Written by Rorri Geller-Mohamed, LCSW
November 1, 2019
How often this season have you heard white people in your life say you were being too “sensitive” or take things too “seriously” for:
- denouncing and educating others about Columbus Day
- spreading awareness about how to avoid cultural appropriation through costumes during Halloween
- speaking the truth about the history of Thanksgiving
Whether you are having that conversation in real life or online it can be frustrating and hard when white people just don’t get it. Maybe you share facts with them but they are resistant to listen. Maybe it’s a family member that tunes you out because they are thinking ‘here she goes again’. Maybe you tried to have the conversation at your child’s school and felt that your concerns were ignored. Maybe you were shocked that someone so close to you couldn’t understand what you were trying to tell them.
As someone that values a racially equitable and better world, when this happens it can feel hurtful, demoralizing, upsetting, stressful, and overwhelming. You might question your own ability to stand up against racism and feel disappointed or angry that you couldn’t find the right words to express it. You might feel like you want to just write the person off as ignorant and move on with your life.
As a therapist, I like to look deeper at these interactions, think about what’s really happening, and what we can do to change the dynamic from painful to productive so that we are working to build a better anti-racist world.
We need to take a step back to get a better hold of the dynamics that are coming into play. As soon as someone labels what we said as “too” something or responds to us in a way that contradicts our anti-racism values, it often throws us directly into defense mode. We want to defend what we are saying and we want them to see it from our perspective. Although this makes sense that it’s often our immediate reaction, it’s often not the most productive way to handle this type of interaction if your goal is to help them be less racist.
What we can do is get a better idea of where their emotions and opinions are coming from. One great way to do this is by first clarifying what they are saying. Often by doing this, we are gaining more information on what’s causing such a big disconnect. So asking them a question instead of explaining to them why their perspective is wrong or racist is one way to open up a dialogue.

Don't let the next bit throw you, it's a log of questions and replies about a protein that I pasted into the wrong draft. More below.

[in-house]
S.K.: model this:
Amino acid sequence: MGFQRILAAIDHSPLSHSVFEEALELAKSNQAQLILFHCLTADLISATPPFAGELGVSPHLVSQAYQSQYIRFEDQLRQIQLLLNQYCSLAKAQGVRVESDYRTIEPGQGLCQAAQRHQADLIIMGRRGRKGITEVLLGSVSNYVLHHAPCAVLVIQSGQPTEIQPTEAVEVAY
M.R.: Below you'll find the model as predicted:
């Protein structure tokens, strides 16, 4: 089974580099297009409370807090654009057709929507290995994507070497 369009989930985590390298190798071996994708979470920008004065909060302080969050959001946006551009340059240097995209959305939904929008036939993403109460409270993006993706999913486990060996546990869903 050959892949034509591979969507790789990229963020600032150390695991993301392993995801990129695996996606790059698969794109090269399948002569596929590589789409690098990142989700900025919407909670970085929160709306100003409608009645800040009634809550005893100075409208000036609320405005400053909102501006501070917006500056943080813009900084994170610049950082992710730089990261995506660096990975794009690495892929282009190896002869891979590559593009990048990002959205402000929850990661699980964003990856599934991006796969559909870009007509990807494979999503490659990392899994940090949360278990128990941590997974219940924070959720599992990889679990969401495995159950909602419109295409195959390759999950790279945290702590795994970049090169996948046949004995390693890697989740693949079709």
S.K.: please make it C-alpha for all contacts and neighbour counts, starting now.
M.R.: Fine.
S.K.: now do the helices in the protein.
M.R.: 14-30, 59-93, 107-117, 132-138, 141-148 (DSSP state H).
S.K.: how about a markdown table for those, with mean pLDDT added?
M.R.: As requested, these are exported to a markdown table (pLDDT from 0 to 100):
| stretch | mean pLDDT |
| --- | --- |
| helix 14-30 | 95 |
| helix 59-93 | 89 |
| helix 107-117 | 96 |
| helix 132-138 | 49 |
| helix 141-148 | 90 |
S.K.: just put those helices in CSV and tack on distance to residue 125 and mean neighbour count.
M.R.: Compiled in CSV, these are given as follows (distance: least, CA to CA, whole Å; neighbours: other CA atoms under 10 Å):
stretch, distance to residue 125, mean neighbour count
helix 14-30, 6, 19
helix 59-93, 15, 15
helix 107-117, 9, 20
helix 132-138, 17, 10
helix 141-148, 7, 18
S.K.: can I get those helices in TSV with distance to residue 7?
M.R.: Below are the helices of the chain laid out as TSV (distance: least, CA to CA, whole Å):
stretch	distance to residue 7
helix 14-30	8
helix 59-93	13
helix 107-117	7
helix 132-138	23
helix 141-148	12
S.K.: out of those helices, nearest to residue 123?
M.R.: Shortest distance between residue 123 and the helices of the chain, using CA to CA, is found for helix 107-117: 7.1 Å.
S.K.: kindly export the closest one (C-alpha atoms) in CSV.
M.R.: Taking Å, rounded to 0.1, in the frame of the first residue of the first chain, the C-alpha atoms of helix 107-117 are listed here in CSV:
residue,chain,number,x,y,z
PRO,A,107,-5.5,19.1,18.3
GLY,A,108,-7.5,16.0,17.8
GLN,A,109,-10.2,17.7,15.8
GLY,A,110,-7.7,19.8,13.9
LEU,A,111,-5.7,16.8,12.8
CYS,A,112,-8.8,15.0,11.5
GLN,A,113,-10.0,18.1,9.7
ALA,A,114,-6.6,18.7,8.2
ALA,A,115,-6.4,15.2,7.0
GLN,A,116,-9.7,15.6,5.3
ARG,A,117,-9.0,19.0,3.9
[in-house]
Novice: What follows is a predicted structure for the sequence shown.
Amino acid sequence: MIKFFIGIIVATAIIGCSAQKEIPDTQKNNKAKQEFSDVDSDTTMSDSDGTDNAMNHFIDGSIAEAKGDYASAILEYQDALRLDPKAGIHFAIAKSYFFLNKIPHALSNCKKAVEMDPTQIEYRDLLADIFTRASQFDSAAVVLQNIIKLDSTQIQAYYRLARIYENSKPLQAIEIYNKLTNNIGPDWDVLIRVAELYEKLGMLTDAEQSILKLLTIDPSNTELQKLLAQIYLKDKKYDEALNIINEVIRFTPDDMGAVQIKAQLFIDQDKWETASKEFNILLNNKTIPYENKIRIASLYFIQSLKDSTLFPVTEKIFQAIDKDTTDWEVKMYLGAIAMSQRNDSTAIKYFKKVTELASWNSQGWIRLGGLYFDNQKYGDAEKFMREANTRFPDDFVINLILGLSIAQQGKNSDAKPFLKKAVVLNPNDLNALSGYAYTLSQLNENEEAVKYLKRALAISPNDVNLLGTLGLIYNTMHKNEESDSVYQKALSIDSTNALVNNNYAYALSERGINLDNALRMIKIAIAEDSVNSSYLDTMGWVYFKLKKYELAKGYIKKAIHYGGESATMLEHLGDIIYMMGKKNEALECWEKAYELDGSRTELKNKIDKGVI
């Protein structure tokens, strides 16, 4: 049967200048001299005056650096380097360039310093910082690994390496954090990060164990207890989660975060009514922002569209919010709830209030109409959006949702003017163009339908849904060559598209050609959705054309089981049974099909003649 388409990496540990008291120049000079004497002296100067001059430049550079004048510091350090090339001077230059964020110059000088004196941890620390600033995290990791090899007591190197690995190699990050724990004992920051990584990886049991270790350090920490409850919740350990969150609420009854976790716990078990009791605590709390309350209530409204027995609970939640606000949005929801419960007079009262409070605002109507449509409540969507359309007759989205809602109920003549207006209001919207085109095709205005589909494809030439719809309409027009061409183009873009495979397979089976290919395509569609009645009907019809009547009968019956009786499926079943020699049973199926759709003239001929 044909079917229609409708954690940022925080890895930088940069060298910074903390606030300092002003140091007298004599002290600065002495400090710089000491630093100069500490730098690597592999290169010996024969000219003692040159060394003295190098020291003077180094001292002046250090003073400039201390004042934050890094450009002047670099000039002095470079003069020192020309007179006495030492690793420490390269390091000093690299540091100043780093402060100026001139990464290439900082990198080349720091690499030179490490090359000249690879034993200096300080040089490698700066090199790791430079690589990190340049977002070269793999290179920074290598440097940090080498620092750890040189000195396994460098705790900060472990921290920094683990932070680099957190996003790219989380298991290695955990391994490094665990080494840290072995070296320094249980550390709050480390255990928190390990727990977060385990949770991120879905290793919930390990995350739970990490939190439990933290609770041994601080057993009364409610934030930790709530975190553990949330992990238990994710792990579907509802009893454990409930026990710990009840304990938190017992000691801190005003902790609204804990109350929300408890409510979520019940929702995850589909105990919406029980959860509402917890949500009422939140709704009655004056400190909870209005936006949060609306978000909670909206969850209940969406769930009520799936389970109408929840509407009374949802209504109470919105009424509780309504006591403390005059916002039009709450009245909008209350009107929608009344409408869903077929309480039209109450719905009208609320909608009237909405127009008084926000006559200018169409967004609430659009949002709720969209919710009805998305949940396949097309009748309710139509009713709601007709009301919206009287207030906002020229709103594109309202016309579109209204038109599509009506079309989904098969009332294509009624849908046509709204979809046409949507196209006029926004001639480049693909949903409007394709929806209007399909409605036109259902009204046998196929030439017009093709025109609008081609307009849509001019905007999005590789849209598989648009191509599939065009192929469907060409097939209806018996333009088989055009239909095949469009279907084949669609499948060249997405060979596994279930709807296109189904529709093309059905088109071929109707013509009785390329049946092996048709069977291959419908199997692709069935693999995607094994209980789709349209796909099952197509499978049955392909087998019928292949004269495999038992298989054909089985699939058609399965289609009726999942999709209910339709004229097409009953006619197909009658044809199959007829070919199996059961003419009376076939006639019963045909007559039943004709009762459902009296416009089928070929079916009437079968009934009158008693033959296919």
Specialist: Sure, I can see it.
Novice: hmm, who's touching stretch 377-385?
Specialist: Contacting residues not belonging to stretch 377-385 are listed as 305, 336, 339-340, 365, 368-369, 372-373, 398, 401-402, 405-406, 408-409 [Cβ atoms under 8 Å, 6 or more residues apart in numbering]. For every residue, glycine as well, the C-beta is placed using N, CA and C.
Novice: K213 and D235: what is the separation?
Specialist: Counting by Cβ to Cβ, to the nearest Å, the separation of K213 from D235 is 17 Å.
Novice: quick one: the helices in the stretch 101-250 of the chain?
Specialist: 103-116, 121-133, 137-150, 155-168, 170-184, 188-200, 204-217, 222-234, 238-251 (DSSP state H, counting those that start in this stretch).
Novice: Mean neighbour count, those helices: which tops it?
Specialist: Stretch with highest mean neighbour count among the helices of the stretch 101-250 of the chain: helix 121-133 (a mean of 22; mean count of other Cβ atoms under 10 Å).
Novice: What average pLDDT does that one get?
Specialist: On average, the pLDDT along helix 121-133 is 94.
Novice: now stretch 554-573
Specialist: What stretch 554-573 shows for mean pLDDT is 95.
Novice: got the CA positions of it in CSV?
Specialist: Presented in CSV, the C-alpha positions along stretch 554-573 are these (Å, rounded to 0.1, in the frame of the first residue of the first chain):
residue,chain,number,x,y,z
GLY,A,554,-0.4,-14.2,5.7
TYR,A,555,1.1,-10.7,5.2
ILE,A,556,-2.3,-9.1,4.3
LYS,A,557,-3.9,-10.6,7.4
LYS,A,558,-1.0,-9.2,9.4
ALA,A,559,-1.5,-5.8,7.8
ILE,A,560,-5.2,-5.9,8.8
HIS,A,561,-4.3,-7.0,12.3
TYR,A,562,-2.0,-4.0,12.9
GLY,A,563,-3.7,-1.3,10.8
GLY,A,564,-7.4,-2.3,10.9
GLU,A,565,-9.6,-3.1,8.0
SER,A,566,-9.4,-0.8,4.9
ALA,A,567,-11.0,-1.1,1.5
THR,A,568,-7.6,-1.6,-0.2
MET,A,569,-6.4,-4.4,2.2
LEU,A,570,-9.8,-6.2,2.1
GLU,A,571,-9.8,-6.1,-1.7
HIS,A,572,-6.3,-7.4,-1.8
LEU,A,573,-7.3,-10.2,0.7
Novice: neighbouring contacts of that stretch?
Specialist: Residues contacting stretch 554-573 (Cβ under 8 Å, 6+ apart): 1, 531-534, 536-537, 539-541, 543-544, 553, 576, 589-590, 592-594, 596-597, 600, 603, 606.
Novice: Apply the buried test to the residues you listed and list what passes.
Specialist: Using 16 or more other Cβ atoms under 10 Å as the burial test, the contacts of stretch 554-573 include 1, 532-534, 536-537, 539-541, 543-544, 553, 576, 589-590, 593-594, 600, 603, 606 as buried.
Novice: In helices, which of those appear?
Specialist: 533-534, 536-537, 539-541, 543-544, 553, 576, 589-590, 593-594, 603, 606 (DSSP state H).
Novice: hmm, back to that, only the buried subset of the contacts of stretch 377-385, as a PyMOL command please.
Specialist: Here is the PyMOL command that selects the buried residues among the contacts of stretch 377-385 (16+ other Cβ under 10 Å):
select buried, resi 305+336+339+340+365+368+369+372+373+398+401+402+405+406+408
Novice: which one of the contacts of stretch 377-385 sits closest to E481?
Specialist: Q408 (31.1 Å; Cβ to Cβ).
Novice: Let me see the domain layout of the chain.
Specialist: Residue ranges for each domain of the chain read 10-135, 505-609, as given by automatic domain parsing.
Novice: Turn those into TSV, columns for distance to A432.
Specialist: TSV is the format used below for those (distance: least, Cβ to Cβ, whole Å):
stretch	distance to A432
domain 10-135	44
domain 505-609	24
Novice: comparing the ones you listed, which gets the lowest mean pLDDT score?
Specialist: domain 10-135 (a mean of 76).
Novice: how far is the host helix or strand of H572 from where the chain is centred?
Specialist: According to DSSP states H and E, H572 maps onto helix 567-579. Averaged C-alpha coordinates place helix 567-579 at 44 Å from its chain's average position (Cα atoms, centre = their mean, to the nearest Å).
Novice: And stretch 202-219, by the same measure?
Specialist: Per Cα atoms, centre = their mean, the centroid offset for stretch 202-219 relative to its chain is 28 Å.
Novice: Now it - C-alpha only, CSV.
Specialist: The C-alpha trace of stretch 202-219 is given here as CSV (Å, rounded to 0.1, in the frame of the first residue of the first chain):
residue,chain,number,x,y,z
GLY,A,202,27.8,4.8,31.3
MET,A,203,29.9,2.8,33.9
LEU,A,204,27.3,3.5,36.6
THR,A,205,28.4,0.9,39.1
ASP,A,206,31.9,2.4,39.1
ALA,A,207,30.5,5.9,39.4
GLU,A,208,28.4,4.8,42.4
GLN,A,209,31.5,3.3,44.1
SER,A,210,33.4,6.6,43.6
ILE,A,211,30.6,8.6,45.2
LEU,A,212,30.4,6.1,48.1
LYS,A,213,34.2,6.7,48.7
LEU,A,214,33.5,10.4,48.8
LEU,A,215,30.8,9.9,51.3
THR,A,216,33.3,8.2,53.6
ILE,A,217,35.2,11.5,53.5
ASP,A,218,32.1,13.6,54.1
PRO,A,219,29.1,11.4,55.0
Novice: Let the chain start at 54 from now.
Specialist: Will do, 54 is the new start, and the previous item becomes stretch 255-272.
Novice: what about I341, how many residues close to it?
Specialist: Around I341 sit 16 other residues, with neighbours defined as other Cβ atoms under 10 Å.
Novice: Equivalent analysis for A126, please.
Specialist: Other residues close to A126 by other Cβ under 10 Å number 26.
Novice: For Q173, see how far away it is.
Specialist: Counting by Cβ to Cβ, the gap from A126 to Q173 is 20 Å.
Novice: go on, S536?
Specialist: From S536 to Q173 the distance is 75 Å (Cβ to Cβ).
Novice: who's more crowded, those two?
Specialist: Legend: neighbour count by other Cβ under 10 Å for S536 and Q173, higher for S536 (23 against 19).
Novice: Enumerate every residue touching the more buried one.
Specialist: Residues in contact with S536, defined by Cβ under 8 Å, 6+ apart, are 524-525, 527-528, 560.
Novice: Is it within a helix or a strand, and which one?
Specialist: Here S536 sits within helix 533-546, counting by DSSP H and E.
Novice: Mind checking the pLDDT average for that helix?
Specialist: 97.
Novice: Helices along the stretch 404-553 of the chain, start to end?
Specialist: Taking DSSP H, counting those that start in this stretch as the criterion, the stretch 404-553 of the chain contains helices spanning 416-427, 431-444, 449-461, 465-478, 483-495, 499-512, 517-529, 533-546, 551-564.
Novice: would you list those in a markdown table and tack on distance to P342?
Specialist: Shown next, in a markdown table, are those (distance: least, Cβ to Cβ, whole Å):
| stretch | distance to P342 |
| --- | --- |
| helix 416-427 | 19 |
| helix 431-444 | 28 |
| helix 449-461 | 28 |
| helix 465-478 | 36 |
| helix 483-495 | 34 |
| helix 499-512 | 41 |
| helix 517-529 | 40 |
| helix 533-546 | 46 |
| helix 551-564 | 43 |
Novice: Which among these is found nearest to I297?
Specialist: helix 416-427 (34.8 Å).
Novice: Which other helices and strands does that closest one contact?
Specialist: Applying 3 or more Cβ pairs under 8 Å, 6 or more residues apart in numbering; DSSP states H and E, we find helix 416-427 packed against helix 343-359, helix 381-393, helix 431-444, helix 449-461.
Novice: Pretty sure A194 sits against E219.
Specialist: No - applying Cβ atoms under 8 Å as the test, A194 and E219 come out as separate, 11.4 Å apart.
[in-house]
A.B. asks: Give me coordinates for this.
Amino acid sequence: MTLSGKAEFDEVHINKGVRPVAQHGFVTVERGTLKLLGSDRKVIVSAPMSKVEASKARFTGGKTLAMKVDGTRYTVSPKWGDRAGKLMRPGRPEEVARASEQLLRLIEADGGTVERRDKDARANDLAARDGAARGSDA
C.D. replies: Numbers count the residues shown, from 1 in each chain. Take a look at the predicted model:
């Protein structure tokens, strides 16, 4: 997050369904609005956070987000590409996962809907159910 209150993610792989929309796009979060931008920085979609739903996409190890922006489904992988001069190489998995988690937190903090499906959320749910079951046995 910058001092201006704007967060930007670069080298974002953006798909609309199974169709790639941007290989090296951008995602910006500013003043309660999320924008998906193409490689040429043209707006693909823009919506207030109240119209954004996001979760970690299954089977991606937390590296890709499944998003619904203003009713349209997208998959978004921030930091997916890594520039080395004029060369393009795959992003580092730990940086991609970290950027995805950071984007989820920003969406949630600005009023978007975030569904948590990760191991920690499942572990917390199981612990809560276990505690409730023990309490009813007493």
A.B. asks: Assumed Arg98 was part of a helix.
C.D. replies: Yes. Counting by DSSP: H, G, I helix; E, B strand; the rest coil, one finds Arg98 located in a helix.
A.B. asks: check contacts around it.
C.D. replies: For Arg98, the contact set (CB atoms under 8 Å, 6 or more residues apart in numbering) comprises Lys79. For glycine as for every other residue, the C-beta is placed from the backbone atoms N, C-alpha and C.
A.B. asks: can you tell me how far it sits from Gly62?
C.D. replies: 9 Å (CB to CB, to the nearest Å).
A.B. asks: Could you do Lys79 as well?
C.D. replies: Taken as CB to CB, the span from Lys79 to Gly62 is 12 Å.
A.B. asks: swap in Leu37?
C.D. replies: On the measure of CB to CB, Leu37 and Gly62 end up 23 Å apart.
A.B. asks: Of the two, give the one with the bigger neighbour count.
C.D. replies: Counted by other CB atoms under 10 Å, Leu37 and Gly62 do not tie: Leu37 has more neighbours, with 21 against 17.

Creating space for the dialogue is where real change can happen. You want to understand where this idea comes from and what makes it so hard for them to recognize or be able to empathize with your feelings and experiences related to the issue. Helping them connect to the emotion it causes you can also be helpful. For example, talking about an experience they had that was painful and then exploring what it would feel like if someone made a comment that minimized or dismissed their pain. Then help them to understand how their comment makes you feel even if that wasn’t their intention. Then explore ways to take steps to repair the harm, see things differently in the future, and how their values are likely aligned with what you are hoping for in building a better world.
Anti-racism work isn’t easy and it can pull on a lot of emotions but you can do this. Imagine how amazing it would be if our children could grow up in a world where they are valued for the amazing people they are not judged on the color of their skin. So the next time someone tries to tell you that you are “too sensitive” focus on making that emotional connection and do the anti-racism work that we as white people need to do.
To navigating emotions.
Being racially conscious as a white person also means that you experience many feelings when issues of race show up in your life.
Keep in mind these specific strategies are to be used with people that you already have some type of relationship with such as a friend, co-worker, family member or acquaintance. Continue to be aware of the language that is used around you.
I wrongly assumed that my children’s preschool (which we chose partially because of its cultural diversity of both students, staff, and admin and opportunity for bilingual education in Spanish) would know how teach Thanksgiving accurately. Nope. I was wrong. Here’s the resources that I found helpful to share with the administration, hope it helps!